The Top 12 Things to Do This Week

Esperanza Spalding, Susan Orlean, The Flavr Blue, David Crosby and more.

Esperanza Spalding. Photo courtesy of the artist

Wednesday, March 9

Beacon Bards

Readers at this fun, laid-back reading series in the heart of Beacon Hill include Seattle poets Aaron Counts and Matt Gano, as well as Leija Farr, the city’s first-ever Youth Poet Laureate. At just 17, Farr’s a scary-good poet; she’s already won no less a vocal fan than Sherman Alexie. The Station Coffee Shop, 2533 16th Ave. S., 453-4892, Free. All ages. 7 p.m. PAUL CONSTANT

Thursday, March 10

A Craft Talk With Susan Orlean

Susan Orlean is either best known as the author of The Orchid Thief or for being played by Meryl Streep in the movie Adaptation. But she’s not just some celebrity: Orlean is one of the top reporters in the goddamned country, and an opportunity to hear her talk about her craft is a privilege. Hugo House, 1634 11th Ave., 322-7030, hugo $5–$10 adv. 21 All ages. 7 p.m. PC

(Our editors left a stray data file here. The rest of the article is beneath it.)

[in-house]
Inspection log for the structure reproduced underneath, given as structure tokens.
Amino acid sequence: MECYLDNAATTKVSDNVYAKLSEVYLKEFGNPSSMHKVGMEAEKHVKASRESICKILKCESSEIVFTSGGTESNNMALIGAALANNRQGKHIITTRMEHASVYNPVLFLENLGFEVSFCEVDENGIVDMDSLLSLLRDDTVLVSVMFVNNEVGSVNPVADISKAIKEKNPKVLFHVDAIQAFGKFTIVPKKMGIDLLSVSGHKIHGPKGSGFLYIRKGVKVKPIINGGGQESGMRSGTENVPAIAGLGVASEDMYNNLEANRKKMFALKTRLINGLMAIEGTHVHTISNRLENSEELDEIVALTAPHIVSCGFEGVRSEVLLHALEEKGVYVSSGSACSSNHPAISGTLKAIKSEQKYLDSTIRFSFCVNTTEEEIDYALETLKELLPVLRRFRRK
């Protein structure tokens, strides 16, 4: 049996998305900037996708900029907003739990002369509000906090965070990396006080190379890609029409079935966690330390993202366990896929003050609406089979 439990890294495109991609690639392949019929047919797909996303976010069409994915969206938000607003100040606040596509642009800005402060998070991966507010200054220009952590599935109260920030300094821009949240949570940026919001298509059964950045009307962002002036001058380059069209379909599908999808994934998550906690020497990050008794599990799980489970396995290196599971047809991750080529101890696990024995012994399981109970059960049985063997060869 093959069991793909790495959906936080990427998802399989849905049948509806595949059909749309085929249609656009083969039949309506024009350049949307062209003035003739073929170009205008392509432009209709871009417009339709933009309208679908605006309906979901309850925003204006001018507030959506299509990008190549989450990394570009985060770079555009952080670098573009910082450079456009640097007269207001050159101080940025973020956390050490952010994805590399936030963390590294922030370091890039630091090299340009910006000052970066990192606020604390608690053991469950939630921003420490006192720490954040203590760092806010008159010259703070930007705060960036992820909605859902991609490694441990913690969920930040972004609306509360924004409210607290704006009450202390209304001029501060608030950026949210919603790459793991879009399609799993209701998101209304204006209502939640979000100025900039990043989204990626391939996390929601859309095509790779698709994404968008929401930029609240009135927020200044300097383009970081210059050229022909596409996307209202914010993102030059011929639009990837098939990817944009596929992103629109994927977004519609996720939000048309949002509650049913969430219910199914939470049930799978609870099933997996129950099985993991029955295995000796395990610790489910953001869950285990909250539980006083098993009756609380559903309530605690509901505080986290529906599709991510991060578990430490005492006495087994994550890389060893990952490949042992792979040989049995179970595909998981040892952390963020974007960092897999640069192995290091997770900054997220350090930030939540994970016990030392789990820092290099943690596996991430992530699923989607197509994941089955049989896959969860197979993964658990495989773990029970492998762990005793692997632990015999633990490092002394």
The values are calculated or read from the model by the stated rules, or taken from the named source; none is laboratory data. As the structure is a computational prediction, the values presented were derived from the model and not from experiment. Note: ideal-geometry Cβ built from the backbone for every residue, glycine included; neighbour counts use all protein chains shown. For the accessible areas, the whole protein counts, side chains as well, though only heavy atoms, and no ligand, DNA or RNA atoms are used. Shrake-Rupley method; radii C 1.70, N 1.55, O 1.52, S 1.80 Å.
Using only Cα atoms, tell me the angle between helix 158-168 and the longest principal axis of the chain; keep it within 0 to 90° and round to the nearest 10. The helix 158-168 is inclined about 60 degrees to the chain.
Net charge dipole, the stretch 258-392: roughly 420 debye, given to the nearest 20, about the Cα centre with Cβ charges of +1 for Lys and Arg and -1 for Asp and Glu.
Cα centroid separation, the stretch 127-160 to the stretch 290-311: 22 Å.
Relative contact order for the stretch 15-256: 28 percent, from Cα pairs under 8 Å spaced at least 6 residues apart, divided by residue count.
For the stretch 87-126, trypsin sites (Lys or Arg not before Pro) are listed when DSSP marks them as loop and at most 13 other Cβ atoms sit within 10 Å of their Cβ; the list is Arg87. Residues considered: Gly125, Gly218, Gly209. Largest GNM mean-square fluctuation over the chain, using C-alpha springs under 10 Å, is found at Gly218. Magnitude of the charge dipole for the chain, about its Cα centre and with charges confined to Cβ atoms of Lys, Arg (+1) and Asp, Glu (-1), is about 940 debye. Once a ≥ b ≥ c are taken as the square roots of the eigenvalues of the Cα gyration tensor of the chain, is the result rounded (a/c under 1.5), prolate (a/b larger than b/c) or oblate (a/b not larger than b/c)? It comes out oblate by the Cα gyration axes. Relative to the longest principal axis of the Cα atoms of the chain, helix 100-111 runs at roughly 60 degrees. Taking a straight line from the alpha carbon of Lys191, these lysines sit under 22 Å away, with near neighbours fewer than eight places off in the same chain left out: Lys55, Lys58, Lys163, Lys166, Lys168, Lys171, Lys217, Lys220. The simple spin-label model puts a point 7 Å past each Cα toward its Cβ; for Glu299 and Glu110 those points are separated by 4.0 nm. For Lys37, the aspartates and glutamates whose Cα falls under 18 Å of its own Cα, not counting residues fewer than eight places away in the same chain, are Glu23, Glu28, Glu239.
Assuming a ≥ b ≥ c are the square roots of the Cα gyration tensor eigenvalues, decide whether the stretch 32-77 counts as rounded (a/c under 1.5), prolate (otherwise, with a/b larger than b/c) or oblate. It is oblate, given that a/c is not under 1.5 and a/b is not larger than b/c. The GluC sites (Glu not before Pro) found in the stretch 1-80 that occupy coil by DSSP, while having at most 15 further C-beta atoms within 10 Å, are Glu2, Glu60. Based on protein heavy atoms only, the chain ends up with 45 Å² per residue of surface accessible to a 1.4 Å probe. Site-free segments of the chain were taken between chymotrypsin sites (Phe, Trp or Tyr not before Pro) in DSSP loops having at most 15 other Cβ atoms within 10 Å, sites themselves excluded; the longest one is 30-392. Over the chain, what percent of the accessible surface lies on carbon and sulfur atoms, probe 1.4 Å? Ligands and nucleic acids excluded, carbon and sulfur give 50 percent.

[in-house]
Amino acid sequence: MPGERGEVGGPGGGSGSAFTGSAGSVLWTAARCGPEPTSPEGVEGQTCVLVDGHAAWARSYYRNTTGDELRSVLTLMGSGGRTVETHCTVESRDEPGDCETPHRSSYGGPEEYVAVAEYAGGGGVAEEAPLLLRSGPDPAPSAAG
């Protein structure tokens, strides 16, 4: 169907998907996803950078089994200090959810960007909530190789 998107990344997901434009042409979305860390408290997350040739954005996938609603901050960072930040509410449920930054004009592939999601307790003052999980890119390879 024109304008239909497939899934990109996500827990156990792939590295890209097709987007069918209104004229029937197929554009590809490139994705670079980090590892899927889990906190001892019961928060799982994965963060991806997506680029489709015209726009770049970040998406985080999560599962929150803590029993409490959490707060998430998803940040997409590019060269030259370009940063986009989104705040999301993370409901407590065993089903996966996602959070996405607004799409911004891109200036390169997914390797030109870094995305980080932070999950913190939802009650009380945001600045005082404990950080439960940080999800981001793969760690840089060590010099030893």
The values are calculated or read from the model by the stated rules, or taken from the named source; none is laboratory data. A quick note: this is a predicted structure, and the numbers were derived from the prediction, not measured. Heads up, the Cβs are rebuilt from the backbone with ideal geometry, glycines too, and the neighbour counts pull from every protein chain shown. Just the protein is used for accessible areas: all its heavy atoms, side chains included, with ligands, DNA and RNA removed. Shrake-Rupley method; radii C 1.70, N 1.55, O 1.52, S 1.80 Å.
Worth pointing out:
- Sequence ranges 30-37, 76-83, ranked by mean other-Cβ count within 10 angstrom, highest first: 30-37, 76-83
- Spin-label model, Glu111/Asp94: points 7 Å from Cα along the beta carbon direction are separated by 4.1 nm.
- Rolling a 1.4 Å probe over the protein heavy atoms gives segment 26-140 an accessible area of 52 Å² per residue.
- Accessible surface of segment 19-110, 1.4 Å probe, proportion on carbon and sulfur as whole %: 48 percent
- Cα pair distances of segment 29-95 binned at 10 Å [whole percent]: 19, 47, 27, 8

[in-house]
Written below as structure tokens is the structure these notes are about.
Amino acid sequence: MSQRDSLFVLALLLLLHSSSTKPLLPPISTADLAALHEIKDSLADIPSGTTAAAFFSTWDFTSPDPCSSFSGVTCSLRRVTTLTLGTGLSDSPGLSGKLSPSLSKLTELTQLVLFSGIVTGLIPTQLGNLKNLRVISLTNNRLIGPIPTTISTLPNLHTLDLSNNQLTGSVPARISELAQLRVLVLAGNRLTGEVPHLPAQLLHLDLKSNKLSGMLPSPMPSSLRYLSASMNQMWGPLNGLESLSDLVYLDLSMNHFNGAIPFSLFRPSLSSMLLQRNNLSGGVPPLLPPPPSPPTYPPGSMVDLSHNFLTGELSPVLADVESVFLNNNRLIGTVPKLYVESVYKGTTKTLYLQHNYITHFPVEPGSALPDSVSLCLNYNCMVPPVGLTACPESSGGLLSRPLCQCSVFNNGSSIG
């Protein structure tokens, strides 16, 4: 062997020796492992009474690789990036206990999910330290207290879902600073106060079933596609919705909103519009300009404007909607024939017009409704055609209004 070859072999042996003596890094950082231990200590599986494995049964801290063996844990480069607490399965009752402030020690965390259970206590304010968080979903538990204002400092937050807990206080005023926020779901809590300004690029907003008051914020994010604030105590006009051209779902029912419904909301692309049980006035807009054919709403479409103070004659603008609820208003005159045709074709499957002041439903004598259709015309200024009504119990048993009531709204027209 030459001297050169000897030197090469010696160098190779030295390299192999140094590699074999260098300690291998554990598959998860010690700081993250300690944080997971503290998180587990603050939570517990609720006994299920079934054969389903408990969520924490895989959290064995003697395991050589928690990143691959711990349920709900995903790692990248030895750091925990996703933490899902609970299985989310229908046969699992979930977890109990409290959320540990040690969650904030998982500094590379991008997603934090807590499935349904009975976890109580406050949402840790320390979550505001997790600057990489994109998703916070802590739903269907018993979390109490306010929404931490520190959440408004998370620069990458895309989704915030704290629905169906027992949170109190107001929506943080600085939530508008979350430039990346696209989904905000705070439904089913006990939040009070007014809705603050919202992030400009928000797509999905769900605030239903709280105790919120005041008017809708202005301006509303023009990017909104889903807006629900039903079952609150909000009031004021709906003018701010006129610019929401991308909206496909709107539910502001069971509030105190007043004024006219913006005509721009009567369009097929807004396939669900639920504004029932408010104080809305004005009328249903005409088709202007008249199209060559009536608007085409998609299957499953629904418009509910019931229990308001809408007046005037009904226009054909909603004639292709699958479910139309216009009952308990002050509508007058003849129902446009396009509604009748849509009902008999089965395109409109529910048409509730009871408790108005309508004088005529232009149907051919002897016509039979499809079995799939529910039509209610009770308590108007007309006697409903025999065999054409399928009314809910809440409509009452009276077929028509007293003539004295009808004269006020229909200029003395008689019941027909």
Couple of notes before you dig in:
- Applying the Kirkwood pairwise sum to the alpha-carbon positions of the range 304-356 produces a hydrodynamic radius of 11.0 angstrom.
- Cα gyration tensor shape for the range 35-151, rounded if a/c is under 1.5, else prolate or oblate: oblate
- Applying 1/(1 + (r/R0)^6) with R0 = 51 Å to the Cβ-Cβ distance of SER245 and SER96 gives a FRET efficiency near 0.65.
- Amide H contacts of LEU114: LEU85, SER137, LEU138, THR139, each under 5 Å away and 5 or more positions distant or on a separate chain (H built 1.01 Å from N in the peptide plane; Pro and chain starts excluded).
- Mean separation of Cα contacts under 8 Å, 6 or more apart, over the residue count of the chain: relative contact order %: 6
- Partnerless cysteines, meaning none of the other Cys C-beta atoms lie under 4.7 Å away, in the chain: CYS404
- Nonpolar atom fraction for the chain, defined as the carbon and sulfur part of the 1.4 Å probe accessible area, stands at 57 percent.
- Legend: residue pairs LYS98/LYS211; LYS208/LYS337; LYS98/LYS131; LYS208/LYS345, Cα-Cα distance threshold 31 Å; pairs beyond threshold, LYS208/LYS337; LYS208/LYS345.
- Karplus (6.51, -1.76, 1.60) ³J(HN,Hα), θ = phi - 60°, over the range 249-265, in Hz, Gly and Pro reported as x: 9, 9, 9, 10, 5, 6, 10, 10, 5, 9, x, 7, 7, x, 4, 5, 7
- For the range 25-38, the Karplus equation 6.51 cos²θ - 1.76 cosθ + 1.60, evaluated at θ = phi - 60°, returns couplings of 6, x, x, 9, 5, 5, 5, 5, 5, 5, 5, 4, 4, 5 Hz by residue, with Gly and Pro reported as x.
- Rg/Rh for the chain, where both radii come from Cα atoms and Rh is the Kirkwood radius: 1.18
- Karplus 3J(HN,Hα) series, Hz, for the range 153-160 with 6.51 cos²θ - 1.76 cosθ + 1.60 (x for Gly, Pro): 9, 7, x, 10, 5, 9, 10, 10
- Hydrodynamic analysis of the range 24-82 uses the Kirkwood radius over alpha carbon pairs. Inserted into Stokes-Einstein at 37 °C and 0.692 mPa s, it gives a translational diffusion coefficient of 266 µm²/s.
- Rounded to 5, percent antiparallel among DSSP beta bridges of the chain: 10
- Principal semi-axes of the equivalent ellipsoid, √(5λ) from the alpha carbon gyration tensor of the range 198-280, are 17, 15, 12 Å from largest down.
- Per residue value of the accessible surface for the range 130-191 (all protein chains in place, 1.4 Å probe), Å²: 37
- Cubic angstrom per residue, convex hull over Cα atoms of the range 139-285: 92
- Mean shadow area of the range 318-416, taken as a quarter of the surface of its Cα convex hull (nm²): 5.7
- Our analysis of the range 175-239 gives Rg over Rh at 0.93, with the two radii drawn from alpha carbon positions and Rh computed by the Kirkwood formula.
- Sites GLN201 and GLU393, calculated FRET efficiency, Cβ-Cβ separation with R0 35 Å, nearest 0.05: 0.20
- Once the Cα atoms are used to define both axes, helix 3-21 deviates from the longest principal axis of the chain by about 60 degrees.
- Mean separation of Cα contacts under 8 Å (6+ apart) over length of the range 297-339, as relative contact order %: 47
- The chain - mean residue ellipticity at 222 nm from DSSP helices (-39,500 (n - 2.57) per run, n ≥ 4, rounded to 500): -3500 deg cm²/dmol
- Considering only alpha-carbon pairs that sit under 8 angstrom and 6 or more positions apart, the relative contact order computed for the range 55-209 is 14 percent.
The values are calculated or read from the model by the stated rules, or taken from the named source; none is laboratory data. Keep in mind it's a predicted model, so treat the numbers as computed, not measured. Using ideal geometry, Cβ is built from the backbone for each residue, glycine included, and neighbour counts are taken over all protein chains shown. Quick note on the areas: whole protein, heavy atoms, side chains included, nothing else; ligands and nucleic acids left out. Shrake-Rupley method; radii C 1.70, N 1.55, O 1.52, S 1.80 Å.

Sizing Up Scalia

The judicial legacy of Antonin Scalia—the brilliant, bigoted Supreme Court justice who died last month—will get a figurative post mortem at Folio, David Brewster’s new semi-public library and event space. Panelists include a former state attorney general and two former clerks of other Supreme Court justices. Lawyer up, brah. Downtown YMCA, 314 Marion St., 402-4162, $5. 7:30 p.m. CASEY JAYWORK

The Body

A frequent source of anxiety, interim home for food, and prison for your soul, the human body is the subject of tonight’s sure-to-be-freaky art show. Things kick off with a live model drawing, move onto a performance piece called “Meatbag,” and later, a film about leprosy will be screened. Twenty-seven artists possessing human bodies will also present work on the theme. InArtsNW, 1633 17th Ave. Free. All ages. 6–10 p.m. KELTON SEARS

Esperanza Spalding